Saturday, 5 December, 2009, 03:13 PM - Not TFTDI understand that some vacancies may soon arise on your board of directors and would like to put myself forward for any of the positions that might become available.
I have no previous experience of banking, either retail or investment, so I think the post of either Chairman or Chief executive would be most appropriate. I will confess that I have done a little share trading and spread betting in the past. However, since I successfully managed to loose a significant portion of my money I believe this can be regarded as a qualification rather than an impediment. RBS has plenty of money anyway so this shouldn't be a problem.
Although I have run two successful businesses in the past, I would ask you not to hold this against me. I have worked for several companies that went bust and have seen at close quarters how to spend other peoples money in lavish and extravagant style. These are transferable skills that I believe will make me right at Home on the RBS board.
I have good spoken and written communication skills. Throughout my career I have convinced a great many people that I knew what I was talking about (including people who actually did know what they were talking about). I already know to use the word "capital" instead of "money", and "credit default swaps" instead of "recklessly gambling with other peoples savings". I am confident that I will be able to leverage these talents to the benefit of the RBS group and can, where necessary, obscure any information as needed.
As to remuneration, it is clear that bankers' salaries are not what they were. Any six figure sum would be appropriate. This can always be topped up with shares, bonuses, pension contributions, expenses, chauffeur driven cars, payments in kind and so forth - the usual items that appear as "miscellaneous" on the balance sheet. Talent like mine, unfortunately, does not come cheap.
I will be willing to consider one of your non-executive director positions. I appreciate that these only pay about £130K per annum, but they have the benefit of being part time and since bankers all sit on each others' boards would give me the opportunity to fill in doing similar jobs one or two days a month with other financial institutions.
It is rare that positions become available for which someone like myself is such a perfect match. I look forward to hearing from you and working with the RBS board in due course.
p.s. If all positions are taken, perhaps you could have a word with some of your colleagues at the (not Royal) Bank of Scotland who I believe are also struggling as part of Lloyds TSB Halifax Bank of Scotland. I don't quite have the distinguished record of Lord Simpson of Dunkeld, who has sat on such prestigious boards as Rover, Marconi and Bank of Scotland, but I will certainly try very hard to emulate his record. (To have presided over the collapse of so much of Britain's industrial and banking base really is the most rotten luck.)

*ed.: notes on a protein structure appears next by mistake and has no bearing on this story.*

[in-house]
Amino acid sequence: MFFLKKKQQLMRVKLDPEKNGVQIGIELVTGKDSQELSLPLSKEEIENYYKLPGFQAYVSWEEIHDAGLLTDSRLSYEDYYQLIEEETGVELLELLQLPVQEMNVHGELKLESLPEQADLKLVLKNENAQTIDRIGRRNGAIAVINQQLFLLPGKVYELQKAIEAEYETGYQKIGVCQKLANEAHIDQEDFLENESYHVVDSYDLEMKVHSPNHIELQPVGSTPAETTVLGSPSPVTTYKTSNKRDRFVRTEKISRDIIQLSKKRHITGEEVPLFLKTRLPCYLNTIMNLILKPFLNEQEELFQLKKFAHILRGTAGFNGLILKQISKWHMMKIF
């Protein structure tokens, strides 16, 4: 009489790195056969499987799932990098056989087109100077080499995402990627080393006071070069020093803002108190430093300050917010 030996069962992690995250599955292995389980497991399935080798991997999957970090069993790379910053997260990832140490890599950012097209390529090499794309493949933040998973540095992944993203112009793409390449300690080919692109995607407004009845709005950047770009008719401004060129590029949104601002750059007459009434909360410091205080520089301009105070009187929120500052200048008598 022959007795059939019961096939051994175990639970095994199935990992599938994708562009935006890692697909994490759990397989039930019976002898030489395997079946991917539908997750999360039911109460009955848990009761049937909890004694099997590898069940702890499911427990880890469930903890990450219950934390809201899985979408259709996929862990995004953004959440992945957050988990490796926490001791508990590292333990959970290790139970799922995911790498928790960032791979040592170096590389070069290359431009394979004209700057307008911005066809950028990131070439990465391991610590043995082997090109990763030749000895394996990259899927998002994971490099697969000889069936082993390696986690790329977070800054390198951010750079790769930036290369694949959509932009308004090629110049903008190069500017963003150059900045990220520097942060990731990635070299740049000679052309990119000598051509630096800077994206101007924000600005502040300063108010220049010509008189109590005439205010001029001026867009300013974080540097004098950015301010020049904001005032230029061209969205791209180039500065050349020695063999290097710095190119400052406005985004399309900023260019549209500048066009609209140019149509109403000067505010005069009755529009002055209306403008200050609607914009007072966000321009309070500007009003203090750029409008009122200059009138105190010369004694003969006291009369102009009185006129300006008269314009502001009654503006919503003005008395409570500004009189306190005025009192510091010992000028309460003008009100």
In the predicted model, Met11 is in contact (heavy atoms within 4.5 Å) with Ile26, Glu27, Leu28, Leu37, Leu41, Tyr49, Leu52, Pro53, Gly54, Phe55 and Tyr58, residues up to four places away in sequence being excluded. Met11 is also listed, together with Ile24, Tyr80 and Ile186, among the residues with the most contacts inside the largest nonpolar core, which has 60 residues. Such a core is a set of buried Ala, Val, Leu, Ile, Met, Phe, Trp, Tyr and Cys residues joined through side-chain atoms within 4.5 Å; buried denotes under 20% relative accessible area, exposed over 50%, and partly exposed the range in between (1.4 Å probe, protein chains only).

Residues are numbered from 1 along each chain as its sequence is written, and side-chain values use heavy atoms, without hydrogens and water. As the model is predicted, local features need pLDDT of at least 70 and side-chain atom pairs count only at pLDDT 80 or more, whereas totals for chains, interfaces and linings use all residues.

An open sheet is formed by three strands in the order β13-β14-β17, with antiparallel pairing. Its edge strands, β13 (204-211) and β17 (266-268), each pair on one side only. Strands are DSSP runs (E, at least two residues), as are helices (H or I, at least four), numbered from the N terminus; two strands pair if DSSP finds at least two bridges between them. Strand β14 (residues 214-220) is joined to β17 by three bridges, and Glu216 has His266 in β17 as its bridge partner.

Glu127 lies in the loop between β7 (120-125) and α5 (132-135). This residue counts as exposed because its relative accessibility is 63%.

The media frenzy over the 250th anniversary of Handel's death is now reaching fever pitch. It so dominates the front pages that there is scarcely another item of news for me to cover from a faith perspective.
Isn't singing just brilliant? Lots of people enjoy singing. Nothing raises peoples spirits more than a good sing-song, because singing is, first and foremost a spiritual activity. It's like football. Have I mentioned football lately? You will know of course that watching Wayne Rooney is also a tremendously spiritual activity. The camaraderie experienced by we down to earth, ordinary blokes on the terraces can only be compared to, say, Handel's Messiah.
It's because singing is so good at forming bonds between people that we use it in church. Singing builds a sense of community and a general emotional uplift that we can then exploit so that they'll believe anything we tell them about the Invisible Magic Friend.
So let's all join in, in that most famous of all Handel choruses: All we like sheep. (Please note, this invitation is not open to sheep haters.)
The Copenhagen summit starts soon. Of course, we Jews invented being environmental. Our Big Book of Magic Stuff is full of rules, clearly designed to reduce your carbon footprint. Who can forget the famous "Honour thy green and blue recycling bins." Most environmental of all though is the Sabbath. Our Big Book of Magic Stuff tells us not to work on that day and not to use our cars. I remember when Britain used to force people to do nothing one day a week. But unfortunately freedom of choice won in the end. Now look what you've got for not listening to the Big Book of Magic Stuff: global warming. You should return to doing what we religious leaders tell you in our wisdom. If only we could extend this so that no one does anything on any days of the week, the reduction in carbon emissions would be significant indeed.